oṃ bhūr bhuvaḥ svaḥ
(a) tat savitur vareṇyaṃ
(b) bhargo devasya dhīmahi
(c) dhiyo yo naḥ prachodayāt

Here’s a translation by Manorama D’Alvia: Earth space heavens. We meditate on the divine light of the radiant source. May that inspire our hearts and thoughts.

A 60 minute Backbending Practice

12 Nov

Insects, Yoga and Ayahuasca

Fold your wings, like this dear, and tuck them underneath you,” said an unfamiliar, though kindly, voice that seemed to emanate from inside my head.

“My wings?” I asked aloud, confused by the instructions. “Do you mean my legs?”

“Yes, yes, bend your legs… and your other legs too.”

And so began what can only be described as a yoga asana lesson taught to me by a startlingly large praying mantis-like creature during an ayahuasca ceremony in the Peruvian Amazon.

Paying little heed to a nagging injury that would normally prevent such movement, I did as I was told and suddenly I found myself in a surprisingly deep series of backbends, fit for the pages of a yoga magazine. Before the mind could protest, I moved spontaneously from pose-to-pose with a sense of ease and playful power. Upon rising the following morning, I was amazed to find my body retained all of its newfound strength and suppleness. And with no sign of the old injury, I demonstrated what I’d learned for my duly impressed partner: what I’d learned from the praying mantis was a group of back-bending poses known in yoga circles as the “insect series.”

As a longtime proponent of the whole yogic lifestyle-thing—no meat, alcohol, caffeine or late nights for me, thank you—I was initially reluctant to participate in the ayahuasca ceremony, despite the Amazonian tea’s reputation as a sacred plant medicine of the highest order. Like many, I had heard horror stories about violent ayahuasca-induced purges and, on a practical level, I wondered how I would do my morning yoga practice if the all-night affair left me nauseous, weak and sore. I also had lingering concerns that the psychoactive brew could somehow undo years of disciplined practice and virtuous living and destabilize my physical and energetic bodies, not to mention what it might do to my calm mind.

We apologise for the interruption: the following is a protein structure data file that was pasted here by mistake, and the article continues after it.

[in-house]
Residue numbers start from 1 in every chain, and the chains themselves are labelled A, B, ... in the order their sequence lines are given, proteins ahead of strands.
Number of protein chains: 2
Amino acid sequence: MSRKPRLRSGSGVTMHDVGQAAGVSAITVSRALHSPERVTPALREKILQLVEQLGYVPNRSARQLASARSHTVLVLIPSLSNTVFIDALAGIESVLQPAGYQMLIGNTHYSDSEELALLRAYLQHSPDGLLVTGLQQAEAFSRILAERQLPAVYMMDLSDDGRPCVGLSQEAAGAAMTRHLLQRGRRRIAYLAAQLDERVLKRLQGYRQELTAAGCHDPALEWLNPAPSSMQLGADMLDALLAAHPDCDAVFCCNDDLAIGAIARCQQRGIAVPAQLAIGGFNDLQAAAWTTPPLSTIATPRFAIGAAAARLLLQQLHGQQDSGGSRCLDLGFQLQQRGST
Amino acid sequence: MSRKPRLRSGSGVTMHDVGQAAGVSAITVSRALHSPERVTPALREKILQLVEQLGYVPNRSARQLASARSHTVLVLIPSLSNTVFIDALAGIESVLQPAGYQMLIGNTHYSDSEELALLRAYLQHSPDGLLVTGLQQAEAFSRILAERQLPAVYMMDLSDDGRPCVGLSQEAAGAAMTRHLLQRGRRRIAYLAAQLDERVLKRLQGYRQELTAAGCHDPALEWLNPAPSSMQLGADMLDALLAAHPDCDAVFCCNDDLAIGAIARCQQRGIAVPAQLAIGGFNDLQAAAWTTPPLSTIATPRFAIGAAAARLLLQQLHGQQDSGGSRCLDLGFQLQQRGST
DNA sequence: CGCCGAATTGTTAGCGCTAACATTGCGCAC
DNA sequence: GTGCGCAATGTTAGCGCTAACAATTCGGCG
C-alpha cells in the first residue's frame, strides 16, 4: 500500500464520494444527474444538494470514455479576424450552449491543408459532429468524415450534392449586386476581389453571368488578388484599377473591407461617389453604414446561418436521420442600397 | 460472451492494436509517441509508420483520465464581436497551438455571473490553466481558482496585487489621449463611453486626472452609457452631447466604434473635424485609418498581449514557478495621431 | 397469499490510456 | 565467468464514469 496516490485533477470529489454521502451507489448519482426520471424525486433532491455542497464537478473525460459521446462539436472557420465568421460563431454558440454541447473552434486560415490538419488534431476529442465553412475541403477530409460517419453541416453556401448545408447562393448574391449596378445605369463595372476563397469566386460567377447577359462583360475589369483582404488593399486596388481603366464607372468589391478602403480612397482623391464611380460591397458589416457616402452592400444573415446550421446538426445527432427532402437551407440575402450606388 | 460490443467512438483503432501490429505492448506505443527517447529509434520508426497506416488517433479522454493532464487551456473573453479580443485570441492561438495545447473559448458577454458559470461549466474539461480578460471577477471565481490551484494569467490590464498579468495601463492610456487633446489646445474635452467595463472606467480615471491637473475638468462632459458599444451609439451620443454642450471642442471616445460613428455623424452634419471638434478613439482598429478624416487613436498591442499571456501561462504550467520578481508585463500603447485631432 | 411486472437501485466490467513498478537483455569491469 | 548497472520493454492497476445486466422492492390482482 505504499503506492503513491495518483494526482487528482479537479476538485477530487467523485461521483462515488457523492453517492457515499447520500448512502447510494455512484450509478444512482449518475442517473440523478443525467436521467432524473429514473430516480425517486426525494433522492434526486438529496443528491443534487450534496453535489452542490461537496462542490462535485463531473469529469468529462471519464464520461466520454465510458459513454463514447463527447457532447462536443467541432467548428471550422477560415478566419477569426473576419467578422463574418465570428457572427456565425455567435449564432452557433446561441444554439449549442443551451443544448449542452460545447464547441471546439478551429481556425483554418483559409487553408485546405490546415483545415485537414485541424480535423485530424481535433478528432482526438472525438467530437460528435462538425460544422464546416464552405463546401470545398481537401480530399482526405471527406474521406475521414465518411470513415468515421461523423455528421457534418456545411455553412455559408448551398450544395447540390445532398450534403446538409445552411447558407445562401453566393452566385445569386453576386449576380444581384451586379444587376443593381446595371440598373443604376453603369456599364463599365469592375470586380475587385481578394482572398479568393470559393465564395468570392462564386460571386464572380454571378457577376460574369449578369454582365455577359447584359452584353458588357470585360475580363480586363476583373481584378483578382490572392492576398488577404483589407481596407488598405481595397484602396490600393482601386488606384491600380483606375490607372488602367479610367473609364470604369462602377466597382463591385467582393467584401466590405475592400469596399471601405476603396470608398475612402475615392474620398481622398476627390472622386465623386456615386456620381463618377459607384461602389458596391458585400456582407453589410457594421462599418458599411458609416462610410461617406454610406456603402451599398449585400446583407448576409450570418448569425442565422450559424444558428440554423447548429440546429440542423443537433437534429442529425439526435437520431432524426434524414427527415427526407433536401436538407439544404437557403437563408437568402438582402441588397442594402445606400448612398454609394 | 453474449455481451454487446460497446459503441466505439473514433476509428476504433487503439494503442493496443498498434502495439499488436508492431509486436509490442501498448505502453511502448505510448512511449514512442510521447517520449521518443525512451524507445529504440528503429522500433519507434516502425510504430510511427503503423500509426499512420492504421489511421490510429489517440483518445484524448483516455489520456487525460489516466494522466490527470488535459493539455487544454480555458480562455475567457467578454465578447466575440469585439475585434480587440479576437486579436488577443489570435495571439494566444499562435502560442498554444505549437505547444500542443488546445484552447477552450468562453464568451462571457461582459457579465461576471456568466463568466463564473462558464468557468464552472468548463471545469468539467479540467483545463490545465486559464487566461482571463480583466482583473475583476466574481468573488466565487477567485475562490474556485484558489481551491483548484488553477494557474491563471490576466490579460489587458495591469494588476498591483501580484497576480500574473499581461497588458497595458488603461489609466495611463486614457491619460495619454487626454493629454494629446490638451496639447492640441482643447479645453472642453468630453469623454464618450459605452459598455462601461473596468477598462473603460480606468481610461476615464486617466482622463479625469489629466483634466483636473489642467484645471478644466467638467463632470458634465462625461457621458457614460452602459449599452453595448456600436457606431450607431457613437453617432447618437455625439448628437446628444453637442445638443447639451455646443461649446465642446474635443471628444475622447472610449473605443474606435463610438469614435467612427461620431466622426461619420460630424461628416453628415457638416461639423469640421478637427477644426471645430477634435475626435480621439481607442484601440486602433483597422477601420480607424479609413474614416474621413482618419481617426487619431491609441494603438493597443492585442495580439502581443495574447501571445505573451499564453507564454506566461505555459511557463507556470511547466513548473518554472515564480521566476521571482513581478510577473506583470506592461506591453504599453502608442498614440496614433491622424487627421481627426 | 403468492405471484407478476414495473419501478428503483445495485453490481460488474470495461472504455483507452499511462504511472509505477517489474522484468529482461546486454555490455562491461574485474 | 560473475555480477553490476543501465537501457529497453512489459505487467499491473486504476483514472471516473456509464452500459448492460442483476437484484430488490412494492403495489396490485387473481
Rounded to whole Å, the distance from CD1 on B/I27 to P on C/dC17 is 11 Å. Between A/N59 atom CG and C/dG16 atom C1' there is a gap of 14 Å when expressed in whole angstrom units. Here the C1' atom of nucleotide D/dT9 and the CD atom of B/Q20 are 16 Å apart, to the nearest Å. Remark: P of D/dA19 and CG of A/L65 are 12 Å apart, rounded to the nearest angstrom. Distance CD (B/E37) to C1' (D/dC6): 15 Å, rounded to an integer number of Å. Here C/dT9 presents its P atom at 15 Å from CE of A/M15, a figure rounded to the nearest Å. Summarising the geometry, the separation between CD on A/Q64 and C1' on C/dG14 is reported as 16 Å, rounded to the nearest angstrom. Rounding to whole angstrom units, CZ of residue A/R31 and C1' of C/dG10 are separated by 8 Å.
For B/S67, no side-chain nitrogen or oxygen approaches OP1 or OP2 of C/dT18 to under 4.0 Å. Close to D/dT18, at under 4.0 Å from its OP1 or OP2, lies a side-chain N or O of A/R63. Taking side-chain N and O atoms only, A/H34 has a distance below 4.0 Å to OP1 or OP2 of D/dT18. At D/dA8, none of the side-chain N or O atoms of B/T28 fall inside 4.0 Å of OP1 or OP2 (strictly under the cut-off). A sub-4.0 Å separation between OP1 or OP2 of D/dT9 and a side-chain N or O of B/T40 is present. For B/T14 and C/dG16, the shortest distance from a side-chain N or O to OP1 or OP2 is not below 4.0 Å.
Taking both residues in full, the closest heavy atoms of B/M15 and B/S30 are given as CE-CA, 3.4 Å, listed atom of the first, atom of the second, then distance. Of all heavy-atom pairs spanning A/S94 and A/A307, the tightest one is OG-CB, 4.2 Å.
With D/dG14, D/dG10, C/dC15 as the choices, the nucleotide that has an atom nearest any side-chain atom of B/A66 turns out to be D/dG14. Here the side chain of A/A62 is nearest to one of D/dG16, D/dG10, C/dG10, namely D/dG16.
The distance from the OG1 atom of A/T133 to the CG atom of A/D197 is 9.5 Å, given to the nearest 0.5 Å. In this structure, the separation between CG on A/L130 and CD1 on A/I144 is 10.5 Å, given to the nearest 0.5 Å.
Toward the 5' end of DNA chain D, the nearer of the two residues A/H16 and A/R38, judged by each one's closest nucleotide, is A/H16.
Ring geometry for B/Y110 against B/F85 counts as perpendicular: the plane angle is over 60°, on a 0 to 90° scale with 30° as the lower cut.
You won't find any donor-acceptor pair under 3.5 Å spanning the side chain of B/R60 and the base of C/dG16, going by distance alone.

Though curious, I waited almost five years before I agreed to experience ayahuasca for the first time. The change of heart came after a meeting with an internationally-renowned yoga teacher who drew a strong parallel between ayahuasca and the mythical ritual drink Soma, which is described in the Rigveda as nothing less than the nectar of immortality: “We have drunk Soma and become immortal; we have attained the light, the Gods discovered” (8.48.3, as translated by RTH Griffith). “Well,” I thought, “if it’s good enough for the Gods, enlightened beings and celebrity yoga teachers….”

The praying mantis yoga lesson was the first of many yogic teachings that have come to me in ceremony. Sometimes the ayahuasca makes me move around—mostly wild inversions and heart-blossoming backbends—and sometimes it puts me into deep states of meditation—where my breath all but disappears into the stillness of my being. Even the dreaded purges feel good and cleansing in a way—not so different from the seemingly strange purification practices prescribed in the ancient yoga manual, the Hatha Yoga Pradipika, when it comes right down to it.